Last week,while officiating at the opening of the Business of Conservation Conference organised by the African Leadership University (ALU), President Kagame made a wake-up call to business and political leaders across Africa to take action through growing regional integration across the continent to improve their collaboration in efforts to conserve African wildlife.
In his speech, President Kagame underlined that “the African conservation agenda should be owned and driven by us. Our people stand to harvest the benefits and it is also our responsibility”, implying that the degradation of wildlife has no borders.
He further noted that the role of the wildlife conservation is incumbent upon everyone.
However, as a matter of principle, political leaders bear a primary responsibility to demonstrate the political will underpinned by enforcement mechanisms, by designing policies and strategies aimed at turning the conservation around.
Interestingly, President Kagame’s message resonated with ‘Living Planet report 2018: Aiming Higher’, published on October 29, 2018 by World Wide Fund (WWF), an international non-governmental organisation founded in 1961, whose principal mandate is to stop the degradation of the planet’s natural environment. So, what does the Report bring to light?
The report describes exploding human consumption that has caused a massive drop in global wildlife populations in recent decades. In particular, the report unearths losses in vertebrate species, notably mammals [animals], fish, birds, amphibians and reptiles.
It reveals that the Earth is losing biodiversity at a rate seen only during mass extinctions. It, therefore, urges policy-makers, especially governments, to set new targets for sustainable development. The Living Planet Report is typically published every two years to assess the state of the world’s wildlife.
In fact, today, one third of the world’s protected lands are being degraded by human activities and are not fit for any other purpose. Approximately, six million sq. km of forests, parks and conservation areas are under ‘intense human pressure’ from mining, logging and farming.
Countries rich and poor, are quick to designate protected areas but fail to follow up with funding and enforcement. This is why biodiversity is still in catastrophic decline. Measures for a turnaround in wildlife conservation, incidentally, vary from a country to country.
In spite of existing international and regional instruments, plus national legislations, the implementation lies in the hands of States. For example, on African continent, the level of implementation isn’t uniform.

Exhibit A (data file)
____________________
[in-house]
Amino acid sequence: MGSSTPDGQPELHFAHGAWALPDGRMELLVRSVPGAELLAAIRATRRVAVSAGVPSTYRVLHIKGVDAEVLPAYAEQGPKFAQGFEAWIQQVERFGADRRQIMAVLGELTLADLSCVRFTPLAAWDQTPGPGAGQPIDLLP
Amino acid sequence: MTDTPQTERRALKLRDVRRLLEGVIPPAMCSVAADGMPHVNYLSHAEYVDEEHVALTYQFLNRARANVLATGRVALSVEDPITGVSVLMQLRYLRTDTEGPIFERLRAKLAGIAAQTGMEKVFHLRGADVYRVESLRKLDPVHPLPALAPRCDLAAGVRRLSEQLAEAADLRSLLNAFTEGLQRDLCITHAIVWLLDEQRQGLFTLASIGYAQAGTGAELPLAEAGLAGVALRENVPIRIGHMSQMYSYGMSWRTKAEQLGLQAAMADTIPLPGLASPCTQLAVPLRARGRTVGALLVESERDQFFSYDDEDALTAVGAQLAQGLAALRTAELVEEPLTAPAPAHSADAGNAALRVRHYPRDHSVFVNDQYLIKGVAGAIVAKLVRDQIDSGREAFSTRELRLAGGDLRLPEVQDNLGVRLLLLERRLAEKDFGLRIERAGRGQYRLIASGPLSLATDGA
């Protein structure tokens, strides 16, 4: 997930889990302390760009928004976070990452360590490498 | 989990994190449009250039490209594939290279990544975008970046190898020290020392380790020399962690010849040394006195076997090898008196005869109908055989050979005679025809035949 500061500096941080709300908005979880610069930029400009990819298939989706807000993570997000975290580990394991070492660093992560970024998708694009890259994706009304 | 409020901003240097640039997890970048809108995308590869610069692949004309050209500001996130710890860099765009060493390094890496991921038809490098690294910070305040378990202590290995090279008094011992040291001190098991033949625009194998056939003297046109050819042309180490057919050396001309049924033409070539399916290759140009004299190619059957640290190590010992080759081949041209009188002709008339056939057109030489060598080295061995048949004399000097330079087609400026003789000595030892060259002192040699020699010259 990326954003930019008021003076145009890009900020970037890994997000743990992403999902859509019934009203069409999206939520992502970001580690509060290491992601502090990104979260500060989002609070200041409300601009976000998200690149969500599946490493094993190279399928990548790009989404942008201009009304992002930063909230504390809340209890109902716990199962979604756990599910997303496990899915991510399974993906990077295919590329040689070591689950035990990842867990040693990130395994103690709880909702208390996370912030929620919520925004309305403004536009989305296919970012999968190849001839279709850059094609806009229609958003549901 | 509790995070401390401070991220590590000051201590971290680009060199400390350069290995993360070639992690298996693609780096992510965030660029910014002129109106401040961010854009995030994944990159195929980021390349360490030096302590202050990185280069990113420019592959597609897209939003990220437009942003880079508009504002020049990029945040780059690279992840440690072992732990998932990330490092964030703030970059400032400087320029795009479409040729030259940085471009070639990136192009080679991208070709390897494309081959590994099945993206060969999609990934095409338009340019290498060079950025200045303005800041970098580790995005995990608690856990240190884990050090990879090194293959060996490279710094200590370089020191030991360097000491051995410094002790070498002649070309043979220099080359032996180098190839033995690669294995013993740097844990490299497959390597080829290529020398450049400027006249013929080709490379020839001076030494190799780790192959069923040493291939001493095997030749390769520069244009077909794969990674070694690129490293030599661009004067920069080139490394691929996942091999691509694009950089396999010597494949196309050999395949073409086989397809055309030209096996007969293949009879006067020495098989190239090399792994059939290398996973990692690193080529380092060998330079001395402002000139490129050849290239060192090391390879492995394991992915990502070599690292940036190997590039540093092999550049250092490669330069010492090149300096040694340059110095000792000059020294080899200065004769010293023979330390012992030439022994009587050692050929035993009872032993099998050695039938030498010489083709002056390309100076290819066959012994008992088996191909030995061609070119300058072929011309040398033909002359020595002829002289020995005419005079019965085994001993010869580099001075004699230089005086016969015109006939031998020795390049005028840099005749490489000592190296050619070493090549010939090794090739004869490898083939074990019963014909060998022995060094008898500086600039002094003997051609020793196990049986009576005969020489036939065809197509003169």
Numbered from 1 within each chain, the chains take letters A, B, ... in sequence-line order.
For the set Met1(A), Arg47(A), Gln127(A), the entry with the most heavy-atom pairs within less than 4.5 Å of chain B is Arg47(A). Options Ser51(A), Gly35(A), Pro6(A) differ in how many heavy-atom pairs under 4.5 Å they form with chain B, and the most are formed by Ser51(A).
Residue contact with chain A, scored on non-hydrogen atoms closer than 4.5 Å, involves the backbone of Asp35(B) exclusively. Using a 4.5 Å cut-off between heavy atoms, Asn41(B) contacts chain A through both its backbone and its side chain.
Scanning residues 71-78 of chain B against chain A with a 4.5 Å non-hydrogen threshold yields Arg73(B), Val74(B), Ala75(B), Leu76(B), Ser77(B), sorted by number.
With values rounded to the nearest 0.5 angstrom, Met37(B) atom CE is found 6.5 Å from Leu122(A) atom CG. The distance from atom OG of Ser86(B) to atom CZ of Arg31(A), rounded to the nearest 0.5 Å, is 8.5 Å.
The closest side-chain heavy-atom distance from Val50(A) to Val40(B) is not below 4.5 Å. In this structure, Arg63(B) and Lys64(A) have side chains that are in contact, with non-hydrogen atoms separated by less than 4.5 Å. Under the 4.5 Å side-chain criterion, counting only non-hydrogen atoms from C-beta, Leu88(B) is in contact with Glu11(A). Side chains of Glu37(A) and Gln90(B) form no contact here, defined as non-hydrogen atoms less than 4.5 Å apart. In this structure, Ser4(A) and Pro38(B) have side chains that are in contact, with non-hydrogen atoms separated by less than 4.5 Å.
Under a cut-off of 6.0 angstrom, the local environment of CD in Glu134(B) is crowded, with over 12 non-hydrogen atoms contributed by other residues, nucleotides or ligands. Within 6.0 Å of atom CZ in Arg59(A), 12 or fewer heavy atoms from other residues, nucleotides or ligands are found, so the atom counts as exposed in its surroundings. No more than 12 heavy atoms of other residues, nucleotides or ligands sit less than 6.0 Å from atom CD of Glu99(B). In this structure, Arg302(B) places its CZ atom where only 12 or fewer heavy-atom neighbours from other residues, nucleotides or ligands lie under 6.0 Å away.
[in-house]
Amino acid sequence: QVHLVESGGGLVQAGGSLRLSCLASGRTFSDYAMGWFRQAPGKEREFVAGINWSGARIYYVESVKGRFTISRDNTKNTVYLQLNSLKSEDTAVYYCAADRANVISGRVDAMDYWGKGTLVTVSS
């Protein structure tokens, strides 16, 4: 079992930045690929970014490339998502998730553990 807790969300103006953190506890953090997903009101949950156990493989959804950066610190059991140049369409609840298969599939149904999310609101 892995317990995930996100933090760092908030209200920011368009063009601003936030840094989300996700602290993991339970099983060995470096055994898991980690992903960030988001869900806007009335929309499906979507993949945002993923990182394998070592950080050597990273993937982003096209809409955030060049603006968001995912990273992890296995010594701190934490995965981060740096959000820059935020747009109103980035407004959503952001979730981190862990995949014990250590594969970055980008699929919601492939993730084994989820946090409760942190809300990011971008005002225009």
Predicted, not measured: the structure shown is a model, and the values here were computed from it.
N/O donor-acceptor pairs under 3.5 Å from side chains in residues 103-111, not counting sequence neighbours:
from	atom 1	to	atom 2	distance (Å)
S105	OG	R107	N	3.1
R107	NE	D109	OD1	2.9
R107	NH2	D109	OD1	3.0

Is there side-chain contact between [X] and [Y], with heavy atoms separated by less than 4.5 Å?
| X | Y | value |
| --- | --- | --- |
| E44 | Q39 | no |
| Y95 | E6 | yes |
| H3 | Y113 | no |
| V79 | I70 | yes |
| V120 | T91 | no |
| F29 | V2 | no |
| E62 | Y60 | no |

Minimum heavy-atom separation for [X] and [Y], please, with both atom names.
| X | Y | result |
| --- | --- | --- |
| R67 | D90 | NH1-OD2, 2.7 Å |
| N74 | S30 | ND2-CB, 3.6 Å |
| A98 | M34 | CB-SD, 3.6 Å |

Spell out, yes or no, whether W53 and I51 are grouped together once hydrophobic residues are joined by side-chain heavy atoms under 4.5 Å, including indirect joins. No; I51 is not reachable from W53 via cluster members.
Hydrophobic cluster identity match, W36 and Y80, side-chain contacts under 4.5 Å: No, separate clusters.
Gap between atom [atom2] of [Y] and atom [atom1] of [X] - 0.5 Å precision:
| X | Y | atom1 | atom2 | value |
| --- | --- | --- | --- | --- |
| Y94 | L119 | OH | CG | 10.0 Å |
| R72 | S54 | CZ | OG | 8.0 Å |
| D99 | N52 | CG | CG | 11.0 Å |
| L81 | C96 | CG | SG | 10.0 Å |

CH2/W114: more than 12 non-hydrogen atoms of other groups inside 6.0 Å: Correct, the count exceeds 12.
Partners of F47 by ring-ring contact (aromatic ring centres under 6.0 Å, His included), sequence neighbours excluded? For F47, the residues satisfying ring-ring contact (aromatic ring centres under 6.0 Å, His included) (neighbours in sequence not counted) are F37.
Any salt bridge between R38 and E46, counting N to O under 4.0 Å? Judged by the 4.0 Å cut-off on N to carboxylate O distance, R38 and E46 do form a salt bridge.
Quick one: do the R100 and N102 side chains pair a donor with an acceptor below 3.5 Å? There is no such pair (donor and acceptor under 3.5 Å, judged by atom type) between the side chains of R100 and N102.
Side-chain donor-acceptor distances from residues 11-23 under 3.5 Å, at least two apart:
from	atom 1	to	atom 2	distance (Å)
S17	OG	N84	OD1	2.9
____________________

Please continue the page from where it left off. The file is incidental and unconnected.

Some countries have strengthened their law-enforcement capacities with respect to the implementation of wildlife conservation legal and policy frameworks while other States are still lagging behind, perhaps due to lack of change of mindset.
Despite such, a quite big number of African countries have acknowledged sustainable development is unachievable without conservation.
It is, however, quite noteworthy that our planet is at a crossroads and we have the opportunity to decide the path ahead. But what causes the conservation havoc? As study revealed, change is being driven by ever-rising food production and increased demand for energy, land and water.
Arguably, there’s less awareness campaigns about importance of nature to humans and other living creatures. Both regional and national efforts to raise awareness are needed to change the beliefs and practices with respect to wildlife conservation.
The nature conservation agenda is not only about securing the future of mammals, but also all the amazing diversity of life we love and cherish on Earth. It’s bigger than that. Our day-to-day life, health and livelihoods depend on a healthy planet.
There cannot be a healthy, happy and prosperous future for people on a planet with a destabilized climate, depleted oceans and rivers, degraded land and empty forests, all stripped of biodiversity, the web of life that sustains us all.
Today, there’s a need for new global deal for nature and people similar to the 2015 Paris agreement to tackle climate change by reducing greenhouse gas emissions.
Decision makers at every level need to make the right political, financial and consumer choices to achieve the vision that humanity and nature thrive in harmony on our only planet.
As Marco Lambertini put it, “we have the knowledge and means to redefine our relationship with the planet. There is no excuse for inaction. We can no longer ignore the warning signs; doing so would be at our own peril.
What we need now is the will to act – and act quickly.” He further noted that “everything that has built modern human society is provided by nature and, increasingly, research demonstrates the natural world’s incalculable importance to our health, wealth, food and security”.
It is indeed noteworthy that humans have evolved, grown and thrived, in nature. In fact, nature, and everything that it gives us, has been the catalyst for where we are today. Its resources have enabled people to dominate the planet complete with modern expectations, benefits and luxuries.
To sustain modern human society we will continue to need the resources of nature that, throughout history, have allowed us to thrive.
In redefining the path ahead, it’s quite reasonable to take action in light of SDG Goal 15: “Protect, restore and promote sustainable use of terrestrial ecosystems, sustainably manage forests, combat desertification, and halt and reverse land degradation and halt biodiversity loss”.
The writer is a law expert.
The views expressed in this article are of the author.